Additionally, Anthem will implement edits to ensure appropriate usage of modifiers -54, 55, 56, 76, 77, 78 and 79, as well as modifiers -26 and TC.
Because of these changes, physicians may notice a difference in how certain codes and code pairs are adjudicated.
Along with the notice, Anthem enclosed copies of several reimbursement policies including its Bundled Services and Supplies policy (CA – 0008); Assistant Surgeon Services policy (CA-0009); and Modifiers 59 and XE, XP, XS & XU (Distinct Procedural/Separate/Unusual Service) policy (CA-0023) that were updated since the mailing in March.
Physicians are encouraged to review all of the claims editing changes as well as the corresponding detailed payment policies to understand how the changes will affect their individual practices.
Physicians can also access this information via the Blue Cross ProviderAccess website (log in, then select “Reimbursement Policies and McKesson ClaimsXten Rules” under the “What’s New” section).
Questions about any of the claims editing rules or payment policies can be directed to the Anthem Provider Care Department at (800) 677-6669.
Contact: CMA reimbursement helpline, (888) 401-5911 or email@example.com.
With the implementation of ICD-10 only 90 days away, the window for physician practices to prepare for the transition is rapidly closing. Physicians must be prepared. While the California Medical Association (CMA) has been pressing Congress to further delay the October 2015 ICD-10 implementation, three House and Senate Congressional Committee Chairmen with health care jurisdiction have announced they will not support any further delay of ICD-10. Therefore, CMA and all of organized medicine have turned their attention to the Centers for Medicare and Medicaid Services (CMS) to mitigate the problems associated with implementation.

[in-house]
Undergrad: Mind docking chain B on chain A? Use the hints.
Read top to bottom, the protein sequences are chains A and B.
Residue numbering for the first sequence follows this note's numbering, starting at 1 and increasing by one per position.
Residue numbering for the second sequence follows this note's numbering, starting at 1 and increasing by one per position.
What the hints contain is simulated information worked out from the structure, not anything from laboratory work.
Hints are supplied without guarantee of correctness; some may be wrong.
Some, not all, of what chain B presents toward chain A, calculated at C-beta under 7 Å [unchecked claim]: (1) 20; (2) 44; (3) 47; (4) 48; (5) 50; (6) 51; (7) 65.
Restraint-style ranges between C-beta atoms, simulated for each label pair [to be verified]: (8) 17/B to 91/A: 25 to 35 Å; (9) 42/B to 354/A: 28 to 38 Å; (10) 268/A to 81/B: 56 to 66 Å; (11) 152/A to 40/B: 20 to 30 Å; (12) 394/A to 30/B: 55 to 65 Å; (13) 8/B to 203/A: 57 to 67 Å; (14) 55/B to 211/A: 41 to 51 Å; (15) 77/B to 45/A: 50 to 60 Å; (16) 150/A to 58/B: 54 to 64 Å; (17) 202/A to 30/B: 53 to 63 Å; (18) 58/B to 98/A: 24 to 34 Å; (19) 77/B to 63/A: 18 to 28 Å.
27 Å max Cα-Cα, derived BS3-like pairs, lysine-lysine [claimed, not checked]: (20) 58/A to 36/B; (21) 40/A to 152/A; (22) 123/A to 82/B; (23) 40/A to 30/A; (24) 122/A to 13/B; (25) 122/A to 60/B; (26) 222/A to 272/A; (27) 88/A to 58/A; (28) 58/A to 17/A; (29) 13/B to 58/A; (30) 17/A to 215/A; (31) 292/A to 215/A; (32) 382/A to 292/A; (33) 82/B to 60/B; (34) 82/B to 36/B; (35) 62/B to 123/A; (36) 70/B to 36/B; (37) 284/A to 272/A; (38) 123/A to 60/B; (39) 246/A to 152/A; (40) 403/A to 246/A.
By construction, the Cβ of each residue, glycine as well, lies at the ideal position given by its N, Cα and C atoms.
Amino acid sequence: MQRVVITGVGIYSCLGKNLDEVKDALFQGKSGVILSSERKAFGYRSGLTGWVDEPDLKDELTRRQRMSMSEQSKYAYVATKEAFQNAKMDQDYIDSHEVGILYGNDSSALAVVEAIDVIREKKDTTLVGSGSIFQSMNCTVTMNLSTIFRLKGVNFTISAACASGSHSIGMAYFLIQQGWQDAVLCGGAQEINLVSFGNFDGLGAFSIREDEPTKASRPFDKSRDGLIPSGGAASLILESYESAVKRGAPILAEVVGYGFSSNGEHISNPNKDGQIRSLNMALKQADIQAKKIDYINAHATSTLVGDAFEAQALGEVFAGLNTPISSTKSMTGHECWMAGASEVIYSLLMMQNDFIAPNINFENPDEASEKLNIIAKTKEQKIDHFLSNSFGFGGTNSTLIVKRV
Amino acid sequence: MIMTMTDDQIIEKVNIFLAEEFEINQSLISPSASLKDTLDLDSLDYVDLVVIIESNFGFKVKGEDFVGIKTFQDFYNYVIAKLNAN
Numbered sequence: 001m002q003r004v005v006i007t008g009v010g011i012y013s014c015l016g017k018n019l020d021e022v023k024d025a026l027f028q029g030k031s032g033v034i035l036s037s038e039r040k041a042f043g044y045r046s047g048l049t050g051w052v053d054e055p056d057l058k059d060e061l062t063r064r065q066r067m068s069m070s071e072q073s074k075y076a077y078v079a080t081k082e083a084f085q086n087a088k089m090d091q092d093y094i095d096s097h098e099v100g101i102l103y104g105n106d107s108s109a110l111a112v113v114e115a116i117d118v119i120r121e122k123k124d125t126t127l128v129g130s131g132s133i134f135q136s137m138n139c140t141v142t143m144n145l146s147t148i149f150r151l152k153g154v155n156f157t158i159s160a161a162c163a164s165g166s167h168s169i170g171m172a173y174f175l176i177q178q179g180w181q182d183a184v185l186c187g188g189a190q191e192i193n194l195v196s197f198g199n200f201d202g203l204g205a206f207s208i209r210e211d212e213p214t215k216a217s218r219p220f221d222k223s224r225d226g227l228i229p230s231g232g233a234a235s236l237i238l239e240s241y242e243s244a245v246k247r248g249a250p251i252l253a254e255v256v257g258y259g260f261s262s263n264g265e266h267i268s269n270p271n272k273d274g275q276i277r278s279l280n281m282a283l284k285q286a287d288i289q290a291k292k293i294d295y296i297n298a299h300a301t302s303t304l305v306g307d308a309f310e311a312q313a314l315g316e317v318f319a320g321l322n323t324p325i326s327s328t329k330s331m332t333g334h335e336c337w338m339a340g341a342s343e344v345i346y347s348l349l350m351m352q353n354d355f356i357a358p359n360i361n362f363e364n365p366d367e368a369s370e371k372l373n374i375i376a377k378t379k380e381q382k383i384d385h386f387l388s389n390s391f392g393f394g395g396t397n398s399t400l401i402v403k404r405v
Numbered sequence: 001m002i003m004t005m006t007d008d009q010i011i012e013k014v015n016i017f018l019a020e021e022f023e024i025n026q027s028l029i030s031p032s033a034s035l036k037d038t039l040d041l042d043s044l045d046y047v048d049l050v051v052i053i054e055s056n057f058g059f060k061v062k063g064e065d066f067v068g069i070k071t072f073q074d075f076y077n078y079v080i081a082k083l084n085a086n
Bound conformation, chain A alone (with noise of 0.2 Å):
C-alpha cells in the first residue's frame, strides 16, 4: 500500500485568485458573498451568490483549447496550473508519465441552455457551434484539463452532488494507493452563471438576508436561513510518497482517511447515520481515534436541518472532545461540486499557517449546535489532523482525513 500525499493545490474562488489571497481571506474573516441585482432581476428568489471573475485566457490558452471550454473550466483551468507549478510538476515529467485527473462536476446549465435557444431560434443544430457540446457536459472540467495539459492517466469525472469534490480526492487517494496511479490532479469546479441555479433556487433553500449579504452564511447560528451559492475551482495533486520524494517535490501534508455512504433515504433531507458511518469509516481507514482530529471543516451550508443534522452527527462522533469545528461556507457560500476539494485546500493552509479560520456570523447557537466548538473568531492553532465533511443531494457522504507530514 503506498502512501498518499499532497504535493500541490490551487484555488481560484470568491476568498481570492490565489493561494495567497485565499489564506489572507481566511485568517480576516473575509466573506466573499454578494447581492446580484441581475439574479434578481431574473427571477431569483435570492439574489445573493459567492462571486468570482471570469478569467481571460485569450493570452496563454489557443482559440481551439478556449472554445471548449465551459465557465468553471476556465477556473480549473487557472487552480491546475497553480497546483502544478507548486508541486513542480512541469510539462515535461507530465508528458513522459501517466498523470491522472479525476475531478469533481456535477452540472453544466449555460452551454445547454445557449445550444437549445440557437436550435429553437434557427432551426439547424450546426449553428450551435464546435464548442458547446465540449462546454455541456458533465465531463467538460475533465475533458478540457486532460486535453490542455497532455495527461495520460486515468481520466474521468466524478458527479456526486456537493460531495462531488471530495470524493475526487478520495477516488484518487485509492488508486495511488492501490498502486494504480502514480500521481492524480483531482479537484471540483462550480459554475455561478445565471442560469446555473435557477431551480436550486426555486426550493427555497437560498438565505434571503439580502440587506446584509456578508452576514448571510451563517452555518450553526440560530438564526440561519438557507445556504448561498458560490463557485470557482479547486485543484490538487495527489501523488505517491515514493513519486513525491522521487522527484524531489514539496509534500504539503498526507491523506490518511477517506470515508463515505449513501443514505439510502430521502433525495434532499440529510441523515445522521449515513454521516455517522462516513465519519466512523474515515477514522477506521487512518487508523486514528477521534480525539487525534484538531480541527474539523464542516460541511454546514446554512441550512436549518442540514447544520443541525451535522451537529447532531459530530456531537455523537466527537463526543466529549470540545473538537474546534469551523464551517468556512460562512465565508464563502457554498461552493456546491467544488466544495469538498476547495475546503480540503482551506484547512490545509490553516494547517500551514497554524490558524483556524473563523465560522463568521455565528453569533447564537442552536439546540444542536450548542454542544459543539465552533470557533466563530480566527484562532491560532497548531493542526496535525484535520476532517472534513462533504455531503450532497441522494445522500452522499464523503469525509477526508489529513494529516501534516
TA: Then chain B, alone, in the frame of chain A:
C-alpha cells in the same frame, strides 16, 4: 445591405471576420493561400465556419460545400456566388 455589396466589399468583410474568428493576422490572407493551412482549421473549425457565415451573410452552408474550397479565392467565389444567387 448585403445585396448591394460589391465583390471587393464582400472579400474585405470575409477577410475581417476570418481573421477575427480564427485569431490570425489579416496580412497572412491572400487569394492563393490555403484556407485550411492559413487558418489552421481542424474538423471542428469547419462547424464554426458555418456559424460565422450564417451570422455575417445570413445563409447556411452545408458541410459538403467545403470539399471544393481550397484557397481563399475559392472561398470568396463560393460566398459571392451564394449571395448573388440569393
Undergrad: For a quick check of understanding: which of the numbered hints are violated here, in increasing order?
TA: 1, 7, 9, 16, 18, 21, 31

CMA is urging CMS to establish a two-year transition period to avoid payment disruptions and claims processing errors. During this grace period, physicians would continue to code diagnoses using ICD-10, but it would allow physicians a learning period, whereby contractors could identify common errors, provide feedback and resolve problems without resorting to claim denials that could bankrupt physician practices and extend patient waiting times.
CMA is asking CMS to adopt the following protections:
- Conduct more comprehensive testing prior to implementation to identify issues that could reject valid claims.
- Establish a two-year grace period in which claims will not be denied for errors and physicians will not be penalized for mistakes or subject to recovery audit contractor audits.
- Extend hardship exemptions to those practices unable to make the transition.
- Provide advance payments in cases where a physician’s claims are denied and cash flow would be greatly reduced.
While CMA works with CMS to mitigate the disruptions associated with ICD-10 implementation, we urge physicians to prepare immediately.
If you haven’t begun preparing, CMS says there is still time; however, practices now need to move with a greater sense of urgency to ensure they will be ready for the transition on October 1, 2015.